Building off last year’s success for the first annual event with attendance then of approximately 360 on the Saturday only event, this year blew the lid off. This was our first attempt at charging and making it a Friday and Saturday event. We received overwhelming sponsorship support that we decided to refund the 200+ paid attendees and make the event free to all again. This pushed our pre-registration numbers to over 800. Organizers expected the actual attendance to be either evenly split or higher on Saturday and were surprisingly shocked. While we are still awaiting exact final counts, what we have so far is 650+ checked in on Friday and 400+ checked in on Saturday.  While facilities cannot be booked until after the first of the year, we are already tentatively planning the dates for TulsaTechFest 2008 to be Thursday, October 16th and Friday, October 17th. We do still plan to include some content on Saturday, October 18th, but will probably consist of some deep dive training.

Lunch for 650+ people on Friday was an interesting feat and we narrowly squeaked by with the largest Domino’s pizza order ever delivered at one time of 125 pizzas. We over compensated by ordering 175 pizzas on Saturday, then as we did last year, delivered the left overs to a nearby homeless shelter.

It was not surprising the event attracted so many people from surrounding states, considering we had 5 Microsoft employees presenting, over 15 Microsoft MVP’s, with a total of 69 speakers, and 100 sessions. Details can still be found at www.tulsatechfest.com and details from the 2006 event can now be found here: 2006.tulsatechfest.com.

Work – The new largest public MOSS site and another rocking WSS site!

My blog has been silent for longer than I would have liked, but for good reason. My announcement is now 4-6 weeks (at least) delayed, but we have pushed IMHO the largest public MOSS (Microsoft Office Sharepoint Server v3.0 2007) site live. FanU.com is a social networking site for collegiate football and basketball fans with a ton of unique features. Everyone who signs up has the ability to blog, upload photos and videos, plus bomb and praise others. We are still adding features, like forums, points (achieved through using the site) and games.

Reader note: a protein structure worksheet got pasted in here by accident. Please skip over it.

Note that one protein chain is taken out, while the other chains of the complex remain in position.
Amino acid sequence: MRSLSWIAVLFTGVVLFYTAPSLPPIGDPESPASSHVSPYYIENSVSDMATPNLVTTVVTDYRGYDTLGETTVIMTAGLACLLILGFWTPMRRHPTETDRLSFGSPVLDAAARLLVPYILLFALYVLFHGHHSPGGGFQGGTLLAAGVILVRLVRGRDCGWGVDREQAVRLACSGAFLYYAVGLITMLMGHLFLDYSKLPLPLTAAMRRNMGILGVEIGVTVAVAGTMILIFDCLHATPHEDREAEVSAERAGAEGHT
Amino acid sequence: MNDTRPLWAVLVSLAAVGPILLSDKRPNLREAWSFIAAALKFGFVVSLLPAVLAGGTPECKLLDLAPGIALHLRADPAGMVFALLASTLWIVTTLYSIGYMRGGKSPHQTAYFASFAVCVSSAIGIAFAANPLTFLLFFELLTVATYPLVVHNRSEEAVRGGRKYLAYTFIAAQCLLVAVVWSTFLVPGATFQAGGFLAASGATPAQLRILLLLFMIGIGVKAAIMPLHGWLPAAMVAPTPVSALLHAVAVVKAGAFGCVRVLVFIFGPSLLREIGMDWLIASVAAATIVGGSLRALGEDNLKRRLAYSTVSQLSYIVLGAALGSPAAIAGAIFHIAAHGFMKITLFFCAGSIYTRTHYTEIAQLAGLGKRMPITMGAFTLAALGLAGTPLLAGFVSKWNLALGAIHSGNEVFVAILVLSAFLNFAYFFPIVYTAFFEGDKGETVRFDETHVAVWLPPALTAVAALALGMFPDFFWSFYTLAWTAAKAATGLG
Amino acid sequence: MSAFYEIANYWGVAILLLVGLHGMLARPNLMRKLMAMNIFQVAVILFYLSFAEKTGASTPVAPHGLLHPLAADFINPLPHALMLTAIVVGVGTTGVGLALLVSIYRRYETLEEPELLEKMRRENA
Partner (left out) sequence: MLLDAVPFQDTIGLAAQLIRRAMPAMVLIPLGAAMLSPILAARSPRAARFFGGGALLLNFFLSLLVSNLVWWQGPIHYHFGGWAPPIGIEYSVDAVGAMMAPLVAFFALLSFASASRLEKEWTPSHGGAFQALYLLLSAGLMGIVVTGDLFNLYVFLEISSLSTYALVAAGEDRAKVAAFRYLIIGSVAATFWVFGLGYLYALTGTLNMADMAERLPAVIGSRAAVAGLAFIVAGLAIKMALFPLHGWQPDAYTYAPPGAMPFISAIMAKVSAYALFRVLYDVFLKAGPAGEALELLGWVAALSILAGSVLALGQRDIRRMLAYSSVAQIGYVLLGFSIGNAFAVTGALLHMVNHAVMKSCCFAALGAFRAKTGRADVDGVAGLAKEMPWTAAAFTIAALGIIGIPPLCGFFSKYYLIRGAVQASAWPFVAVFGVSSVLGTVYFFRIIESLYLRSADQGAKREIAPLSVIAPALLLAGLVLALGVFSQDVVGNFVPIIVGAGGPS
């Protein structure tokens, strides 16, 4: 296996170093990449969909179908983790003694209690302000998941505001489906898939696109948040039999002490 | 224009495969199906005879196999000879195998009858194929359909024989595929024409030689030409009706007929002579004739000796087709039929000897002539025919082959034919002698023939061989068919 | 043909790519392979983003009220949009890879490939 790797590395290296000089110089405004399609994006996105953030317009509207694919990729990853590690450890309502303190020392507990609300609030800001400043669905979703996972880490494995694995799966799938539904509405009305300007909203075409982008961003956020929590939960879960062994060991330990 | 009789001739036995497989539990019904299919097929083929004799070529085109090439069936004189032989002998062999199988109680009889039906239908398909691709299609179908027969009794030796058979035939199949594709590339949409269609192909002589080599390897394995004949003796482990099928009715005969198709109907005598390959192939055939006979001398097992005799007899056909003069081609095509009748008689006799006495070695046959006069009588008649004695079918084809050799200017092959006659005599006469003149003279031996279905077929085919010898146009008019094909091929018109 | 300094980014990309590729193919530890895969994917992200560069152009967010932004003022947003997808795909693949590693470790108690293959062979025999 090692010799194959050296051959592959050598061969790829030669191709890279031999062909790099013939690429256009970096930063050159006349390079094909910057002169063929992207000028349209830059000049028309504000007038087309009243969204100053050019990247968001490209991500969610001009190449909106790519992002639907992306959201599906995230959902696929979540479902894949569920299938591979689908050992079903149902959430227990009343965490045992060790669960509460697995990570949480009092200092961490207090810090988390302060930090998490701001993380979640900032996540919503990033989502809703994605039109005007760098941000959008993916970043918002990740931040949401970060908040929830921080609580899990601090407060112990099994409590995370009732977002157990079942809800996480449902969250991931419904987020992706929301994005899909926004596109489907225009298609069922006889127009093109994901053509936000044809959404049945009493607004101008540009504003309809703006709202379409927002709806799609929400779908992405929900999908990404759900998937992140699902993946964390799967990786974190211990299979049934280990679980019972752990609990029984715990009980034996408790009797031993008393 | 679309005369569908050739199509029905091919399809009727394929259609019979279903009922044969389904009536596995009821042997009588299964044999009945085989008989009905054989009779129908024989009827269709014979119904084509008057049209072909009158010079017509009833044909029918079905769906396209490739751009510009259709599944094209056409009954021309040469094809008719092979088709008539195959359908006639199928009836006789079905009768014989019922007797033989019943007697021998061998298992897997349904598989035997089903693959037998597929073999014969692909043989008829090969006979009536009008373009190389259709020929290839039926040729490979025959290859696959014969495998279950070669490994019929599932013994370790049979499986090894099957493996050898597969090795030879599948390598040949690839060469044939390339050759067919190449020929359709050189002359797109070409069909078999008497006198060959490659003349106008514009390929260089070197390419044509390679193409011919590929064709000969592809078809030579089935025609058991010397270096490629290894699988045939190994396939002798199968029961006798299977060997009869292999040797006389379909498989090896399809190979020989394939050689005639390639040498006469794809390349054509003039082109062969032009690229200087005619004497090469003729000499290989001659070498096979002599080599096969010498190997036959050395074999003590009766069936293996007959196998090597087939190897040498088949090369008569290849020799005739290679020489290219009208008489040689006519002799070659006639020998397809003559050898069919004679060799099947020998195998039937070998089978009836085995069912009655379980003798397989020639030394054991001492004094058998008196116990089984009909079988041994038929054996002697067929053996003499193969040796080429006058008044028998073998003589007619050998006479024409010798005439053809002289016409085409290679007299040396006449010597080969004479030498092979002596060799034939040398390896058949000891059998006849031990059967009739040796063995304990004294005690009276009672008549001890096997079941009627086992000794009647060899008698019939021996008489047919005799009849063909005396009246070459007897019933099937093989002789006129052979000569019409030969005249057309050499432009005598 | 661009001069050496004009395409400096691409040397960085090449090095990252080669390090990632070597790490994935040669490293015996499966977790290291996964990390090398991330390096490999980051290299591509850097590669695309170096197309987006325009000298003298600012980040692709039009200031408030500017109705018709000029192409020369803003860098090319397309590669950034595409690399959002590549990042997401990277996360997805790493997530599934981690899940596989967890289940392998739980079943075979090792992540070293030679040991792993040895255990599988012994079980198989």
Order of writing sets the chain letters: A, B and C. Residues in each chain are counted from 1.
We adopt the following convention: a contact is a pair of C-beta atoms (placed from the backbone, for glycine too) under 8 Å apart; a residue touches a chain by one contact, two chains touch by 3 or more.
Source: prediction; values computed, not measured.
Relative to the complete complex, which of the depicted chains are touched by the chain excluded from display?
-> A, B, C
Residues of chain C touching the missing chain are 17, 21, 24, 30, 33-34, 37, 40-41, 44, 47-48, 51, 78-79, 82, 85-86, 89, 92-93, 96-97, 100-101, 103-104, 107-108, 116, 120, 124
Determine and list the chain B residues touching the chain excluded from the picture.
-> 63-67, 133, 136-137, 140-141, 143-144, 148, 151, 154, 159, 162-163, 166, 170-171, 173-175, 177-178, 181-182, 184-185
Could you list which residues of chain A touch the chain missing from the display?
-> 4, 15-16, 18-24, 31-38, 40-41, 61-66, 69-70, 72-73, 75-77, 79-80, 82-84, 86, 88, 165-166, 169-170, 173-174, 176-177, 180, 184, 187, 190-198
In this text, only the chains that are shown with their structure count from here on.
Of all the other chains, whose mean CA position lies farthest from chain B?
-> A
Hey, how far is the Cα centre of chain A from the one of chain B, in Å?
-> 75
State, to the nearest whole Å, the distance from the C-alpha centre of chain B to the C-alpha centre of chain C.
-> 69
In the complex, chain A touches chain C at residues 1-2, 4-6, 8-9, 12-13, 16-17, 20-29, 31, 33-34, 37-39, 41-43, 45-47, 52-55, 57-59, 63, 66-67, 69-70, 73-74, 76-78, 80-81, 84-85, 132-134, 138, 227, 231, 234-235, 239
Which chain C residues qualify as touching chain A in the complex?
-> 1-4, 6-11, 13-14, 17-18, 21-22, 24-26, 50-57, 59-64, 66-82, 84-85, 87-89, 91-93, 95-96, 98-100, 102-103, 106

We put together an excellent team of 7-9 developers (with limited or no prior experience with Sharepoint) and pushed version 1 of the site in 3-4 months. They did a terrific job, as well as the designers and everyone else on the team.

Just two weeks ago now, we launched our second site using Sharepoint. This time using WSS (Windows Sharepoint Services v3.0 2007) – www.coxhelpcenter.com. If you are Cox Communications customer in the Oklahoma area then go there for your first level technical support questions and have them answered by the Virtual Cox Representative. They are pilot testing it in our area. If it achieves their goal of reducing the number of help center calls, they will increase the regions covered. This form of virtual interaction is a speciality of my employer www.winnercomm.com. They pushed their first one a few years back for www.NTRA.com as a Virtual Q & A (http://www.ntra.com/ntrau_index.aspx).

Calling all Architects and Class Designer users – Microsoft wants your feedback! See you at OKCodeCamp!

Microsoft has a survey regarding the features you want to see in the next update to the Visual Studio Class Designer! So provide it to them and help shape the future of this awesome tool by using the survey located here.

If you haven’t Registered yet at OKCodeCamp.com – do it now. Jason Zander – the General Manager of the .NET Framework Division at Microsoft is giving the keynote and Raymond Lewallen has lined up an awesome Agile/ALT.NET event with a few extras!